Defining “Self” Care
Interesting things happen when you’re alone. I mean, truly alone.
I recently completed a 21 day Self Care Detox Challenge. I made up the Challenge, and hence the “rules,” but in a nutshell, I pushed myself to set aside 30 minutes a day to do something for myself.
Yea, I used the word “pushed.” As if you really need to “work hard” at doing nothing for 30 minutes! Well… some of us struggle with that. We are so caught up in work, running, chaos, bills, productivity, squeezing more out of life and into our days, that we neglect the most basic form of self-care.
When I say basic, I mean basic. Being quiet. And alone. Basic.
What I noticed as I began my 30 minutes for 21 days is that we often make things super complicated. I had this whole conversation in my head about, “Well, what is self-care? What activities ‘count’ as taking care of myself? What is a good enough use of my time? Is one thing better than another?”
I hear you, as you think this is all ridiculous. And it is. But, how many times have you tried to outdo yourself – to top your own ideas – to weigh what is “better”? I bet you have.
I think we really use money to level the playing field. It’s a language we understand. You can break things down into dollars, and therefore, now we know which “thing” is more valuable.
News flash – value is in the eye of the beholder.
So, during my 30 days, I did a range of activities. Some cost me money. Some cost me nothing. They all took time. In the beginning, I was wrapped up in making the experience super meaningful. So, as one of my first activities, I got a massage. A massage, to me, is obviously self-care. Everyone knows that…
As my 21 days went along, I realized something very interesting – my belief that money made something more valuable. It’s not hard to know why I think this; we are programmed to believe this our whole lives. So, therefore, the money I spent on the massage made it more valuable than the quiet meditation I did in my hammock at home.
I also stumbled upon my own irony – tying my own self-care to activities to other people. I’m not getting a massage without a therapist, right? Then I raise the question: How much responsibility of my own self-care do I place on others? Is it the therapist’s job to make me feel great? So, if I don’t feel great, does that mean that self-care is hogwash?
Raising the bigger question: How much of my self-care do I actually do MYSELF? When I walk, I use headphones. When I get a massage, I see a therapist. When I got to the chiropractor, I see a doctor. When I zone out at night, I watch Netflix. When I want to escape my reality, I read a book. When I have a few minutes to disconnect, I do the opposite, and scroll through Facebook. The list goes on and on.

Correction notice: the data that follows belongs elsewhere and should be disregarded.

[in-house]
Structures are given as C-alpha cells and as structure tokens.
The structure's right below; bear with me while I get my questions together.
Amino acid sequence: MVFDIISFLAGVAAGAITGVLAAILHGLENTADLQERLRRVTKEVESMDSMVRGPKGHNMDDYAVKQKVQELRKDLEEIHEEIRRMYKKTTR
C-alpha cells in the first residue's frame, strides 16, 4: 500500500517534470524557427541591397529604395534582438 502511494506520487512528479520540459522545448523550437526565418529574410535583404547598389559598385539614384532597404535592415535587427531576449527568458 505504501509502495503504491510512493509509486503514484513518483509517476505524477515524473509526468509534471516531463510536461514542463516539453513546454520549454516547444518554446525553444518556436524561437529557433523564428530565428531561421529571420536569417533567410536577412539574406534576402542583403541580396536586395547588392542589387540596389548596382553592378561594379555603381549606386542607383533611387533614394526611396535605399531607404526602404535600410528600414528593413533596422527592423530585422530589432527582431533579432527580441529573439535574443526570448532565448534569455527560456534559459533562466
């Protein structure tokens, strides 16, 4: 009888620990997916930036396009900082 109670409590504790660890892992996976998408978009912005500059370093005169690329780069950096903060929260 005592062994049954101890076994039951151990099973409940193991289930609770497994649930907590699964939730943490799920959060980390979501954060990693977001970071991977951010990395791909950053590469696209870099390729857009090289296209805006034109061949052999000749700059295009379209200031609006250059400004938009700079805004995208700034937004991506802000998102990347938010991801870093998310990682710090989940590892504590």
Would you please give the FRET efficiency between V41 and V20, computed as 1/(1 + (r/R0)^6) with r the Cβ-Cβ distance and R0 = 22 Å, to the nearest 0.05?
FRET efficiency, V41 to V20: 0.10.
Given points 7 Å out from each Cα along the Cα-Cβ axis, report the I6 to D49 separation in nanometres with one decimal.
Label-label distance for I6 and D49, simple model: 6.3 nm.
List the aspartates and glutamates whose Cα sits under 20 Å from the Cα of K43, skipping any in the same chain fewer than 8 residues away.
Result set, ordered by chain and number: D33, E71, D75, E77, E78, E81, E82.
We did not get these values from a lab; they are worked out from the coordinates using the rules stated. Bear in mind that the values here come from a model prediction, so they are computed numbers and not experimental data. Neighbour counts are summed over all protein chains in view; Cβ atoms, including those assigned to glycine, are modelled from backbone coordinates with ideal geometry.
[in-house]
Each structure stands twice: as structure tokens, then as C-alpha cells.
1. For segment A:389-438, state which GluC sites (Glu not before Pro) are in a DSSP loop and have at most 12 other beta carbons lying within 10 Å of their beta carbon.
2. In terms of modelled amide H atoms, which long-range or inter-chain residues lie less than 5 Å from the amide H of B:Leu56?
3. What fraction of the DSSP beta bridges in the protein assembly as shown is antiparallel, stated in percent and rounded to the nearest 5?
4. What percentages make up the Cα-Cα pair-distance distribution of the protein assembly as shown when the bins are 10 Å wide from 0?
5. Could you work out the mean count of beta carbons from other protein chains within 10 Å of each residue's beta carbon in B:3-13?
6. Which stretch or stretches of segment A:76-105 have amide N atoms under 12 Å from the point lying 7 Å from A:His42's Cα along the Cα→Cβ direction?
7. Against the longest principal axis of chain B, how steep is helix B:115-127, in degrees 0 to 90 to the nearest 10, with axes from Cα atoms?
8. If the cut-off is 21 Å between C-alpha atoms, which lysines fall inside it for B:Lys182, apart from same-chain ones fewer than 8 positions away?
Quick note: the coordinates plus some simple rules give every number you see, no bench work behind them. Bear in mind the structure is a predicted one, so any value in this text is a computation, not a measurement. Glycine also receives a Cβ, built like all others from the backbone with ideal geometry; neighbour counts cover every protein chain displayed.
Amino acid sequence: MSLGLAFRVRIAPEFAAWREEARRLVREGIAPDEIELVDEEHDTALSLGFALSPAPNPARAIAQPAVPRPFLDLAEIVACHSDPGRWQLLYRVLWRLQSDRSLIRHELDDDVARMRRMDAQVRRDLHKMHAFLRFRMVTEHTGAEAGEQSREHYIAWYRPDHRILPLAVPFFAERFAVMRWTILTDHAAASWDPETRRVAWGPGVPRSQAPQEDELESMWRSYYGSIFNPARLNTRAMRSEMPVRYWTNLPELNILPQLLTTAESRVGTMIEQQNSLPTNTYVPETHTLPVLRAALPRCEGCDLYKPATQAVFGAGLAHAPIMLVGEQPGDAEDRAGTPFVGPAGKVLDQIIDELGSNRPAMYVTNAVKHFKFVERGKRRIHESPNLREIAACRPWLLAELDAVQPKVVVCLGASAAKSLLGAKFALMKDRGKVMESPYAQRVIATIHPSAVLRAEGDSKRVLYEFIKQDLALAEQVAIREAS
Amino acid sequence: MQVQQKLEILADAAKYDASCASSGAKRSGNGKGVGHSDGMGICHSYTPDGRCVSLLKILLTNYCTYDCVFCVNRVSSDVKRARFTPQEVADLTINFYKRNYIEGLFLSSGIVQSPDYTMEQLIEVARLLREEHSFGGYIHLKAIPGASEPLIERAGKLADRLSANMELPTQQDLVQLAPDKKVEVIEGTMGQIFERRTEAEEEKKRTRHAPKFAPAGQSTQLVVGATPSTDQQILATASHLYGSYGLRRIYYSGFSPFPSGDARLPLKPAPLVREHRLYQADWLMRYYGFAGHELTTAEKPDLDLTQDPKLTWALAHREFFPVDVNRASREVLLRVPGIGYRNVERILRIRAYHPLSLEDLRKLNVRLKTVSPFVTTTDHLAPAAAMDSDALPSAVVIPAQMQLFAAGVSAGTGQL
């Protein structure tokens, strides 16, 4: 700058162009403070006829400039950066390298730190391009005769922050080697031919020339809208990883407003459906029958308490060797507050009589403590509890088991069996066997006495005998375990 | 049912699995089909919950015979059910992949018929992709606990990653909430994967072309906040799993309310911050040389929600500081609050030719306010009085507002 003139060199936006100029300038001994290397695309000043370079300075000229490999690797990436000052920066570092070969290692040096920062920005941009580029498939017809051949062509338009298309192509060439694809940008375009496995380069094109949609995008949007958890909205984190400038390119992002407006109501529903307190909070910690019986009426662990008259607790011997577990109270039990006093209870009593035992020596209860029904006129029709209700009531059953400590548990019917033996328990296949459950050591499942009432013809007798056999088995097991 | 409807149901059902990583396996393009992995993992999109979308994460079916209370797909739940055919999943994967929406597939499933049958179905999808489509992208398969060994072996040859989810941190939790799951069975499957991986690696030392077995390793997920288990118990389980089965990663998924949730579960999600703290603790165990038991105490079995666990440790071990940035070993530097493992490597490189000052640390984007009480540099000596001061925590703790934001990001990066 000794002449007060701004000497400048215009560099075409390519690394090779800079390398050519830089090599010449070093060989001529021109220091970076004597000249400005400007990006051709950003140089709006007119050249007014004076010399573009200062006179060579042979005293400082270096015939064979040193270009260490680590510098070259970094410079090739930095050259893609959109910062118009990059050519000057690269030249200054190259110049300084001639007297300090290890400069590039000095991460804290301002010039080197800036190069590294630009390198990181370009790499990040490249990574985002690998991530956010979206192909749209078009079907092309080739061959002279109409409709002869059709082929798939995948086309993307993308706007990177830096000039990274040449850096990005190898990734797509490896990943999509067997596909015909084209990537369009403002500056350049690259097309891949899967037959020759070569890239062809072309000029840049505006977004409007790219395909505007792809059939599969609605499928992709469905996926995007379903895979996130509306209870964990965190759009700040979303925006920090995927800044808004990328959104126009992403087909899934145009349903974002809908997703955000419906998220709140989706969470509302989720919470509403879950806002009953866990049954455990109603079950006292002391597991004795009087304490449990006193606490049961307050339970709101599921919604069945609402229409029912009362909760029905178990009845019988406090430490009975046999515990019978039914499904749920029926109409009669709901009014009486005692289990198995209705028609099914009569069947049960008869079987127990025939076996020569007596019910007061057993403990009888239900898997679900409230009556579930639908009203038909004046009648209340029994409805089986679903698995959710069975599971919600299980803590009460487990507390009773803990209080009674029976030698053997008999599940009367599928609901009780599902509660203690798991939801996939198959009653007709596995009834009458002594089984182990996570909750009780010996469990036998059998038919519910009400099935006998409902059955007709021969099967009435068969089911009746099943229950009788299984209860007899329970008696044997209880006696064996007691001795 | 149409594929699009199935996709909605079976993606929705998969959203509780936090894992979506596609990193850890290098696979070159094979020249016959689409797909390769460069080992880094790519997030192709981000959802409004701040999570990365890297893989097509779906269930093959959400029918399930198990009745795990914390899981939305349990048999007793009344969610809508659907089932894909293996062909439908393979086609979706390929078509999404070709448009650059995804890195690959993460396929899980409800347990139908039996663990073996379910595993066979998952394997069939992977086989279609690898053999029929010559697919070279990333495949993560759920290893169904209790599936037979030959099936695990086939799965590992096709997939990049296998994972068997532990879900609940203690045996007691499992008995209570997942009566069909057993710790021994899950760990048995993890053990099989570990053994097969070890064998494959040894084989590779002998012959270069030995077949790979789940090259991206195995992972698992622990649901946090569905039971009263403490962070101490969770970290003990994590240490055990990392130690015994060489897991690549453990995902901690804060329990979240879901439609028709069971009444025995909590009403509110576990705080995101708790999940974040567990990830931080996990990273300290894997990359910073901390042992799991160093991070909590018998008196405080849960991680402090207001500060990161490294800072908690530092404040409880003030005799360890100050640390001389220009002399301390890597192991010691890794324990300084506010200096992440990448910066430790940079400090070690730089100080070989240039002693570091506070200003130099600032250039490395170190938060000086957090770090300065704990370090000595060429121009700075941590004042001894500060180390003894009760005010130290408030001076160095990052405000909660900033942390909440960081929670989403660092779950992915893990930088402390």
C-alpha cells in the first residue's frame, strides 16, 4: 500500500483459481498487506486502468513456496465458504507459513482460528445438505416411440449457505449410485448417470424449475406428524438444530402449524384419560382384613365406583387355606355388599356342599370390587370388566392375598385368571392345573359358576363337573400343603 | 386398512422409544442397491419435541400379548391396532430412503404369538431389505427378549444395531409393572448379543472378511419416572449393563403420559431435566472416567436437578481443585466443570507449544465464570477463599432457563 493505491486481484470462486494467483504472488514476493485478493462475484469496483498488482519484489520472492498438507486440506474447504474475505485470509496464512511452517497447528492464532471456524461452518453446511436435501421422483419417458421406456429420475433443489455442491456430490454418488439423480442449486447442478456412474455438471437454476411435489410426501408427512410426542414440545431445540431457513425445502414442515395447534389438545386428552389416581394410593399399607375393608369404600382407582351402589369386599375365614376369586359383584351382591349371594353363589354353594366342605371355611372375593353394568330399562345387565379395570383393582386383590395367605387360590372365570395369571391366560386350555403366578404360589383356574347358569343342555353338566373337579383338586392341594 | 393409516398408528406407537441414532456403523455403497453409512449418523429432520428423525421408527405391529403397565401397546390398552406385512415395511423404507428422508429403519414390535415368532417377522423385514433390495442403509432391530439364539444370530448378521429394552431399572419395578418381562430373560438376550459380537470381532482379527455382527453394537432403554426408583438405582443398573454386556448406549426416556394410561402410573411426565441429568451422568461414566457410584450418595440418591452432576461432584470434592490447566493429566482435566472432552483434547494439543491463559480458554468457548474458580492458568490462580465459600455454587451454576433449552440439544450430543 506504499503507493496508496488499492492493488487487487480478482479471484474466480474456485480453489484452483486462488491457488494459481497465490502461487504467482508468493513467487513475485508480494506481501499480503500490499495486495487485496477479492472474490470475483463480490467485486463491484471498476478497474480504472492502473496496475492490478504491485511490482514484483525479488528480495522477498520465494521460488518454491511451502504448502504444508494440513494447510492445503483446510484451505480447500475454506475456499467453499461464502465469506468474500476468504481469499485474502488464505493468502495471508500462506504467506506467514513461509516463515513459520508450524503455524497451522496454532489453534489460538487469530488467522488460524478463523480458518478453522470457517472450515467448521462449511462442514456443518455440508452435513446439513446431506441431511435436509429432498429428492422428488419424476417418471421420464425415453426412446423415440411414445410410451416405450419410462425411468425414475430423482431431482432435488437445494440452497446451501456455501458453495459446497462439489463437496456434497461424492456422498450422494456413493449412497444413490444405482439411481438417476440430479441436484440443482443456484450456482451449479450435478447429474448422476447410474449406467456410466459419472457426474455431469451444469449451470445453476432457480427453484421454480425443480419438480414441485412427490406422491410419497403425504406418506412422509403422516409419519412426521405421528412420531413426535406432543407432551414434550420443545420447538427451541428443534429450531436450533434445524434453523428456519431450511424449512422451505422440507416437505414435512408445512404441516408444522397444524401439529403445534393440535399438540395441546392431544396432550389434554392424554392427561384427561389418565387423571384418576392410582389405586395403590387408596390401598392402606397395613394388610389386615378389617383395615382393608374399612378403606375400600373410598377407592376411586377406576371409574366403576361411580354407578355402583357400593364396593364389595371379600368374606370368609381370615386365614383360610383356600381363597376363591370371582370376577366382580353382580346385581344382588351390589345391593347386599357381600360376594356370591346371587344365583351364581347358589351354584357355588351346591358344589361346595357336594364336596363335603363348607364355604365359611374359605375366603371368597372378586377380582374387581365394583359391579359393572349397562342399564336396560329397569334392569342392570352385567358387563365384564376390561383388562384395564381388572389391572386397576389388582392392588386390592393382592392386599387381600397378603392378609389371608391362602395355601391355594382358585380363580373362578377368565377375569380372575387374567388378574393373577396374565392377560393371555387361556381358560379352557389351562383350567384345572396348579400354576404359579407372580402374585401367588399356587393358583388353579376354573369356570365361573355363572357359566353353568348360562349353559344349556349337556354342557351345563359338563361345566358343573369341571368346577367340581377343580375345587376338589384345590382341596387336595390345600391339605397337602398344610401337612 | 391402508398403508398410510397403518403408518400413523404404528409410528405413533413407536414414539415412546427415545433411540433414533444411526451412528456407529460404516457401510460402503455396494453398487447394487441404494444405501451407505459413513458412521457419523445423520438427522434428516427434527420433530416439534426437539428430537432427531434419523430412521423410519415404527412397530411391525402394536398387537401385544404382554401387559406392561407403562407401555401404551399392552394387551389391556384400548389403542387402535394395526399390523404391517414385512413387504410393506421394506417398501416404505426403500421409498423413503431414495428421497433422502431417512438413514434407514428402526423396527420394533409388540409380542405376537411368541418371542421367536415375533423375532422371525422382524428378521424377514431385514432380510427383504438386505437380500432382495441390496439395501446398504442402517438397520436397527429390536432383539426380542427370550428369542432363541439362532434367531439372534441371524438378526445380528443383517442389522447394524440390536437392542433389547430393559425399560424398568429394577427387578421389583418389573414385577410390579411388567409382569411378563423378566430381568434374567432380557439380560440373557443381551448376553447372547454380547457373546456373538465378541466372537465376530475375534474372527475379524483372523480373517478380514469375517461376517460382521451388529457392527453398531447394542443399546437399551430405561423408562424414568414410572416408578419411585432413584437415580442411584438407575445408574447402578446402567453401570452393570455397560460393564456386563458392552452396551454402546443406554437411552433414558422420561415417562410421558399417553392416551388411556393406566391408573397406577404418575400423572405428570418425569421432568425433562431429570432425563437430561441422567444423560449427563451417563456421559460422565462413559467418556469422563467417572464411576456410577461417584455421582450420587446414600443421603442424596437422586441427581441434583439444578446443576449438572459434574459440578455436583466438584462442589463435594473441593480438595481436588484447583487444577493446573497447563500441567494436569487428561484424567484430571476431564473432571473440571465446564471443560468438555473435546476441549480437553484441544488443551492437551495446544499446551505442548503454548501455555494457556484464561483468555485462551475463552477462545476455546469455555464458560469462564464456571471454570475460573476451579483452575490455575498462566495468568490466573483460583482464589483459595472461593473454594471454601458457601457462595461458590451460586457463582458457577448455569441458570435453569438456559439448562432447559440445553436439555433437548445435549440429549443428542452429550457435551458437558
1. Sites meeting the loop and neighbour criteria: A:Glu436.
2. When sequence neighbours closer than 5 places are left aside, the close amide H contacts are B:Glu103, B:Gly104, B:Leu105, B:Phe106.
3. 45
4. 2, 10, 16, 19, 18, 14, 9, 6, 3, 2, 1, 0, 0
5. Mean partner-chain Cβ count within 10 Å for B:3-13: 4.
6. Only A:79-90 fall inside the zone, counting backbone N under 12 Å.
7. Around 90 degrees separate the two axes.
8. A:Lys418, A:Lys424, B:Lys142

What I found in the 21 days is that the best quality of self-care I received is when I spent time alone. In my head. Just me. It is in that space that I found peace, calm, and freedom. That’s where great ideas are born. Revelations are made. Strength and answers are found.
That isn’t to devalue a massage, a facial, the chiropractor, a good book, etc. It’s just my realization that it’s different. I think many of us struggle to be quiet in our minds. We struggle to be alone. We struggle with our own thoughts when there is no one around to listen. We want validation from others. We judge our worth and time based on how much we spent or by the qualifications of the person we were with.
The bottom line is, you are enough. Just you. Just your thoughts.
We also have so much power within us. So much of what we seek truly lies in our souls. Just be comfortable enough inside your own skin to hear and feel your own thoughts. The guidance we receive in the quiet spaces in our mind is our true path. No road signs and flashing lights of approval are needed by anyone else. Trust yourself.
If you struggle with being alone in your own mind, whether it’s fear or just a hectic life you lead, I challenge you to put aside the busyness and connect with yourself, even if you have to make an appointment with yourself to do so. No need to rely on anyone else. You are enough.
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